The Nios II C-to-Hardware Acceleration (C2H) Compiler from Altera greatly simplifies the job of accelerating functions in a C program using hardware (see the figure). It also simplifies the chore of linking the instruction stream with the new hardware.
The first step is to identify the function or functions that should be accelerated via software profiling tools commonly used by software developers. A small fraction of a program typically is responsible for the majority of execution time. Consequently, optimizing that fraction can result in significant acceleration. Of course, optimizing an idle loop doesn't provide this type of payoff. Developers, then, should determine which functions should be optimized.
The next step is relatively easy. The developer clicks on the functions that are to be run through the C2H compiler. The compiler is integrated with Altera's Quartus II SOPC Builder and the Eclipse-based Nios II integrated development environment (IDE) so the results of the compiler are ready for integration with the project containing the NIOS II soft processor. Calls to any top-level functions are changed so the new hardware is used instead of calling C code. The C2H compiler walks the function tree so it will optimize called functions, but the compiler doesn't support recursive functions.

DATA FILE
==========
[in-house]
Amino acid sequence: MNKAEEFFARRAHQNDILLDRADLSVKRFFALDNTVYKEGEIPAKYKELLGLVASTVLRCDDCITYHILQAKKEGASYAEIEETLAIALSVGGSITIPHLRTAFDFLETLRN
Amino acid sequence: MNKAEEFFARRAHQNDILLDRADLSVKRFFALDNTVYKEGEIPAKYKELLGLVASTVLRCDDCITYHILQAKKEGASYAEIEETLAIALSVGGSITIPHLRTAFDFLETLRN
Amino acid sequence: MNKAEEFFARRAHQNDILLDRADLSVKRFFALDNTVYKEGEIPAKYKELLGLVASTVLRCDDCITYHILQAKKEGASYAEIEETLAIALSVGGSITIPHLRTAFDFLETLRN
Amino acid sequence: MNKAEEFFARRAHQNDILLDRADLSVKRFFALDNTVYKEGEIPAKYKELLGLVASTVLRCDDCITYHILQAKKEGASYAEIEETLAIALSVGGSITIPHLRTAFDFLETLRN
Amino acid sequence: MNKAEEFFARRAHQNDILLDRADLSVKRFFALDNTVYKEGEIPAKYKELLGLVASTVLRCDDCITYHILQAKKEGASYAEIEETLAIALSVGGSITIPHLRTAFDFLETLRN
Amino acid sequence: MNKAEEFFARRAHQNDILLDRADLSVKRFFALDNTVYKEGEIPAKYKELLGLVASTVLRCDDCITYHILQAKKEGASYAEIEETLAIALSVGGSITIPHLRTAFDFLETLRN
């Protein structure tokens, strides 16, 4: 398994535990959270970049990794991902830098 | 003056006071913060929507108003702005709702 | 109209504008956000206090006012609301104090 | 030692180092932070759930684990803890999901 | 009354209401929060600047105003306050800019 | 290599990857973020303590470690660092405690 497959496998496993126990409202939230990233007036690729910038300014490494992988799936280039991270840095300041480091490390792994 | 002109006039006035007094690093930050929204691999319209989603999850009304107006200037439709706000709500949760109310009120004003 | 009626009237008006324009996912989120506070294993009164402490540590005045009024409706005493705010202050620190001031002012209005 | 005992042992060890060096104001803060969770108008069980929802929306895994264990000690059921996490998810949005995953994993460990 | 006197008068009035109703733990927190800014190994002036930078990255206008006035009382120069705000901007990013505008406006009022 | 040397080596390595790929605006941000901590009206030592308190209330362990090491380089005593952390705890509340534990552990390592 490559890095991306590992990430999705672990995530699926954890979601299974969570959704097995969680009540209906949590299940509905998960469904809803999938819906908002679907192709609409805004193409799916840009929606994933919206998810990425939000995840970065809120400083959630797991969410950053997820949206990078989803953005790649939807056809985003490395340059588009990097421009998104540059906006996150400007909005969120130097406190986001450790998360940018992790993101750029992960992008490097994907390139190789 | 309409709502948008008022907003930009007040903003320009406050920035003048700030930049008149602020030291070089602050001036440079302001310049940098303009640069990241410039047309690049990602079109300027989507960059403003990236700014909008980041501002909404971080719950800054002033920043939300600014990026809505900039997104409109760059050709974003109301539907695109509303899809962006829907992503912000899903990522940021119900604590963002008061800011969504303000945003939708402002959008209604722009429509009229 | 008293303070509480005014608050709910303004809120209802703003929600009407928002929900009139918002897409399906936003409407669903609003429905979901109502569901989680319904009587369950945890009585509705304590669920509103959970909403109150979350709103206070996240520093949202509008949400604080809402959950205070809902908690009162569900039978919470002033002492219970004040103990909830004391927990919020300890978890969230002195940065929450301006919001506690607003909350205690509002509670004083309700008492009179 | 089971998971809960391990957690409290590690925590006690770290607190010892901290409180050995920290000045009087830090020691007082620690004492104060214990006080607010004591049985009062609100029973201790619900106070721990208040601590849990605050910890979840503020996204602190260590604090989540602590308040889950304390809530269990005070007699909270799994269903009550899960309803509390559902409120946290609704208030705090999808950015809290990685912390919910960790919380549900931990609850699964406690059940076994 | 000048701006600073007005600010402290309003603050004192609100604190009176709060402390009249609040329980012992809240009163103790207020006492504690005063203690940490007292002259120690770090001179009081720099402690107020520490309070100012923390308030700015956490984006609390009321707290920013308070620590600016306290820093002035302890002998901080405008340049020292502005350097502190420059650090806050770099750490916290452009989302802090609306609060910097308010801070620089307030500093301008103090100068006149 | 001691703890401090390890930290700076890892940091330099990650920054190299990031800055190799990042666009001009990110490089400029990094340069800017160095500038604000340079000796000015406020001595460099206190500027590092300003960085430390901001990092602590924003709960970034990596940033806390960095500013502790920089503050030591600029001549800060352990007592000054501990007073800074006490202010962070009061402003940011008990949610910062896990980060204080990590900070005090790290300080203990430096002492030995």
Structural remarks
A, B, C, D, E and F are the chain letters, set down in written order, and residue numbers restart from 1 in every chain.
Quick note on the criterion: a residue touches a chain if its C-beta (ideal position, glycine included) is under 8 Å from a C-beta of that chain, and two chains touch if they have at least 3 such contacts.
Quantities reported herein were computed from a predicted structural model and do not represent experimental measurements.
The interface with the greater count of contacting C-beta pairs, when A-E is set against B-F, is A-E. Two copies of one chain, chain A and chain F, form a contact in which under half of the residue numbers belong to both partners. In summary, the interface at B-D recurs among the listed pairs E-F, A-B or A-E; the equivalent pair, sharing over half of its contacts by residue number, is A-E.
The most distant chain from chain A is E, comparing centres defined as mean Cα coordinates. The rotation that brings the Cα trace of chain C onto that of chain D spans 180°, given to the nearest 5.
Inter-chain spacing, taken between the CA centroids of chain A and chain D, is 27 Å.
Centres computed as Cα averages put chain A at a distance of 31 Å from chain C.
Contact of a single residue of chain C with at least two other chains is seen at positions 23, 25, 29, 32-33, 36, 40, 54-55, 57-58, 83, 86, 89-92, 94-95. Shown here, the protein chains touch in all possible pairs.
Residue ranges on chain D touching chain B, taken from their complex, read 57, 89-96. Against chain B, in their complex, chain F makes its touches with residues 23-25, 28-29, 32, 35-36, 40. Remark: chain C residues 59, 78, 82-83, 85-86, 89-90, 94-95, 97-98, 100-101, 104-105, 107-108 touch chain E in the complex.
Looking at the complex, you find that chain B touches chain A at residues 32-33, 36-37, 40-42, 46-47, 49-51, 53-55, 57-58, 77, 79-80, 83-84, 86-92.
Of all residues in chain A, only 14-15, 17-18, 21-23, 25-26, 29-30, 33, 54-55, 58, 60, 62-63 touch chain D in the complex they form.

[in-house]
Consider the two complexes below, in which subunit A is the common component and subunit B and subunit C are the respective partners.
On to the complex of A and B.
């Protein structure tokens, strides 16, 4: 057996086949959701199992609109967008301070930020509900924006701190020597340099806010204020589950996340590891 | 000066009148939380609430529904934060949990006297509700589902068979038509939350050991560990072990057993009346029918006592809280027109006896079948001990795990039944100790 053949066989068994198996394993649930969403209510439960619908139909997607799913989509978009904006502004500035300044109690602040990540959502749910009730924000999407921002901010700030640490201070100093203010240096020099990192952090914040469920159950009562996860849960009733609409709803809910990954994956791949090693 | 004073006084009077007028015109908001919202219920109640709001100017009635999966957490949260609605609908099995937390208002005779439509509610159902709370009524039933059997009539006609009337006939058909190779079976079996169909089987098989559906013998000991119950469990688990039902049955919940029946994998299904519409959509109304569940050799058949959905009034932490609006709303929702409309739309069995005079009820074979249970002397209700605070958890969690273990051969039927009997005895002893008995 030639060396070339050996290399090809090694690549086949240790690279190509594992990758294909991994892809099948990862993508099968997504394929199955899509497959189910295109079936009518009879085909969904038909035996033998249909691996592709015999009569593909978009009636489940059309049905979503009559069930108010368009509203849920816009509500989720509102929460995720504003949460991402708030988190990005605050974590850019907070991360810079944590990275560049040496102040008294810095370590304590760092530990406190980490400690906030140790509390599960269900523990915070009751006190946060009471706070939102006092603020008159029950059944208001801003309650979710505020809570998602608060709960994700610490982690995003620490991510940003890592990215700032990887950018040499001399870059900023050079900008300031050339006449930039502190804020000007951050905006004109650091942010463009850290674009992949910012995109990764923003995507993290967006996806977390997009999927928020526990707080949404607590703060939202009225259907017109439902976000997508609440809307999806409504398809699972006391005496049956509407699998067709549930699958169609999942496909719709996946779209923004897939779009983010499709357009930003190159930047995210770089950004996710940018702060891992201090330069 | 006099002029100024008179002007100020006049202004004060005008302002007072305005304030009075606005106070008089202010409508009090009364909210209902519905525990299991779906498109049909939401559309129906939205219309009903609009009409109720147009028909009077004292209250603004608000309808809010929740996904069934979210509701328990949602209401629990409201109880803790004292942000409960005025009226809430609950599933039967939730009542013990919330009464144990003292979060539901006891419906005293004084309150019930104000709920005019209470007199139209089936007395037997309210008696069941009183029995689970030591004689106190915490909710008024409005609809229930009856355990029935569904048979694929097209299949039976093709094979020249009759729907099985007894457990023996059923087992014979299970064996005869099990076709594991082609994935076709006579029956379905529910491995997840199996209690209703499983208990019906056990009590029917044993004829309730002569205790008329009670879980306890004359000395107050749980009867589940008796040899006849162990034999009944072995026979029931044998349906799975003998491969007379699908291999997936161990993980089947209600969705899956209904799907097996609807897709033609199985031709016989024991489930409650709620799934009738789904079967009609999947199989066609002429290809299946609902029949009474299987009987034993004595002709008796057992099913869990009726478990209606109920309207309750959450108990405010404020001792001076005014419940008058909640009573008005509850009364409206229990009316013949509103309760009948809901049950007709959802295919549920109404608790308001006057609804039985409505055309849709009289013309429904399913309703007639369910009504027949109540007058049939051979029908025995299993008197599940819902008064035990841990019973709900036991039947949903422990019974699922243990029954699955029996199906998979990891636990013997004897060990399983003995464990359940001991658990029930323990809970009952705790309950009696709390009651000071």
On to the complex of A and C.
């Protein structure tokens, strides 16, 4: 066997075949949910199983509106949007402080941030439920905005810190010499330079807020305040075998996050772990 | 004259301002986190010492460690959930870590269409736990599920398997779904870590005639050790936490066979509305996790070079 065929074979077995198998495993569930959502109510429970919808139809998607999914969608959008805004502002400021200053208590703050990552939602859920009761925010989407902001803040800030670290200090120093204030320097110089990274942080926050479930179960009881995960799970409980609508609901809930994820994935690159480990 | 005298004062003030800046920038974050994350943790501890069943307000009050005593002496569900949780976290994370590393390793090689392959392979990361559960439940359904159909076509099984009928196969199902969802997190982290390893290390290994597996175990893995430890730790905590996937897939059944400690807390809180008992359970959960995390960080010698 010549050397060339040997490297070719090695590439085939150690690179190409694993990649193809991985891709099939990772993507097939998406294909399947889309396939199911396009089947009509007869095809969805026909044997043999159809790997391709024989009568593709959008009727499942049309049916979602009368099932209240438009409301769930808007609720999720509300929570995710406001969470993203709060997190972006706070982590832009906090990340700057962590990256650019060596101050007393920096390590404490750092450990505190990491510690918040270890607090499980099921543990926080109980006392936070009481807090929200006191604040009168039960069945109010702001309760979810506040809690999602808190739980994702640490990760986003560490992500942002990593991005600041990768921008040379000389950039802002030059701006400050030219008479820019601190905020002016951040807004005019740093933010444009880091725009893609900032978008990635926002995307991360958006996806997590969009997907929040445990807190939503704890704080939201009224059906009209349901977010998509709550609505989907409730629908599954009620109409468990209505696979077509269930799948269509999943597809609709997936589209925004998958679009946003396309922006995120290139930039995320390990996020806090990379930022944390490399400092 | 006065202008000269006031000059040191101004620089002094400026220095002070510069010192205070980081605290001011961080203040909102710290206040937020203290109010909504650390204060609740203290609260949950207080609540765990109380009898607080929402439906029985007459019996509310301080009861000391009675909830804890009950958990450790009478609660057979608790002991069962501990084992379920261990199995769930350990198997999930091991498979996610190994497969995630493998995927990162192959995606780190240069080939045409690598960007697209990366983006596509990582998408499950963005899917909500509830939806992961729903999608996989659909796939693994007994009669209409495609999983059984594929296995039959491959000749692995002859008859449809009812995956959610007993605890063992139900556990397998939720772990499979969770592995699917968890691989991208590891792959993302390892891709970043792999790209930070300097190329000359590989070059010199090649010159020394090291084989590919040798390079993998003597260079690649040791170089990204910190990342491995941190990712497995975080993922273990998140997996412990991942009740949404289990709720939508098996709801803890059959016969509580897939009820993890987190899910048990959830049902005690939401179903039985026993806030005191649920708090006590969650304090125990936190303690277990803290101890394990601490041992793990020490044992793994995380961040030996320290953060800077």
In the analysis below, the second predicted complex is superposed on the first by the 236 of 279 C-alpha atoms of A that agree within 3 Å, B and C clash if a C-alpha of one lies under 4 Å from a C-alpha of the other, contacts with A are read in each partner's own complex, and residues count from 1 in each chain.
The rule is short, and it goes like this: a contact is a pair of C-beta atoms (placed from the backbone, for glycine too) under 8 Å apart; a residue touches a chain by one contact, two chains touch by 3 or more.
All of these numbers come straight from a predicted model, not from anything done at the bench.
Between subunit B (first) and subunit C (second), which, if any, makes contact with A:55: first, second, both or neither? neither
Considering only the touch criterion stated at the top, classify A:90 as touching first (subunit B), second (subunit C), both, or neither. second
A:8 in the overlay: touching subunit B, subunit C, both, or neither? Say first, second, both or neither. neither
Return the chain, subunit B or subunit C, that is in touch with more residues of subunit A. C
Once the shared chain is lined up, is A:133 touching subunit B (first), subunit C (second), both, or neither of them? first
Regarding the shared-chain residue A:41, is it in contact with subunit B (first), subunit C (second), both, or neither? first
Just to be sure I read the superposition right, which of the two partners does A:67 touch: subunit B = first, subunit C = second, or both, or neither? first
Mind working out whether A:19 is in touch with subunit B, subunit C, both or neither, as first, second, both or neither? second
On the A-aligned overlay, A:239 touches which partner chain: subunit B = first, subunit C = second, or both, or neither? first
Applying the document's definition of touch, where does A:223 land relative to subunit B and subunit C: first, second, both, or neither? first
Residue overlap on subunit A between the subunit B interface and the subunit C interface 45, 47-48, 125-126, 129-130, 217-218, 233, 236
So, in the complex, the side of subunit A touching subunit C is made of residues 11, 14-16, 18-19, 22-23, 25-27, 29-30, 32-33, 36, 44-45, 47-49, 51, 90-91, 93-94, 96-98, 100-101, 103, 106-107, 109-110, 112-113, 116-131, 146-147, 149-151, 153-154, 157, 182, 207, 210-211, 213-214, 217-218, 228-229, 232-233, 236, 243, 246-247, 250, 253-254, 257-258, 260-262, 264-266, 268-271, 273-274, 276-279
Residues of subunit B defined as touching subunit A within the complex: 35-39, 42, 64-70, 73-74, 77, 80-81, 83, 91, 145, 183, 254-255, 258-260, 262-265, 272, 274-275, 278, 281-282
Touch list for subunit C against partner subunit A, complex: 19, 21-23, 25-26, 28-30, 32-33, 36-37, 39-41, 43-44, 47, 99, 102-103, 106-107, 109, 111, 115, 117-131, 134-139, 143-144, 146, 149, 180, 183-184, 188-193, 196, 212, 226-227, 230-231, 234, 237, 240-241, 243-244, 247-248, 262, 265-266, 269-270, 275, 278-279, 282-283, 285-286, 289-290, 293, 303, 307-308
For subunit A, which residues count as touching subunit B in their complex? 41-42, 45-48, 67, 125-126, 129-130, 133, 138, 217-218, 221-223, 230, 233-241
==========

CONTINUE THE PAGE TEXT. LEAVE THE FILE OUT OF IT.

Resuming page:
Top-level converted functions can be configured so the calling C program will wait until hardware processing is complete. Alternatively, a task-oriented definition permits hardware processing that runs concurrently with an application. The compiler supports the high-bandwidth Avalon interconnect fabric.
Developers then can profile the resulting hardware/software combination to see how much improvement is attained. It's possible to achieve one order or even two orders of magnitude improvement depending upon the application. Switching back to software or adding new functions to compile to hardware is just a mouse click away.
This approach significantly reduces development time. It also reduces errors due to conversion between software and hardware. The compiler output is comparable to what a very good hardware designer can achieve.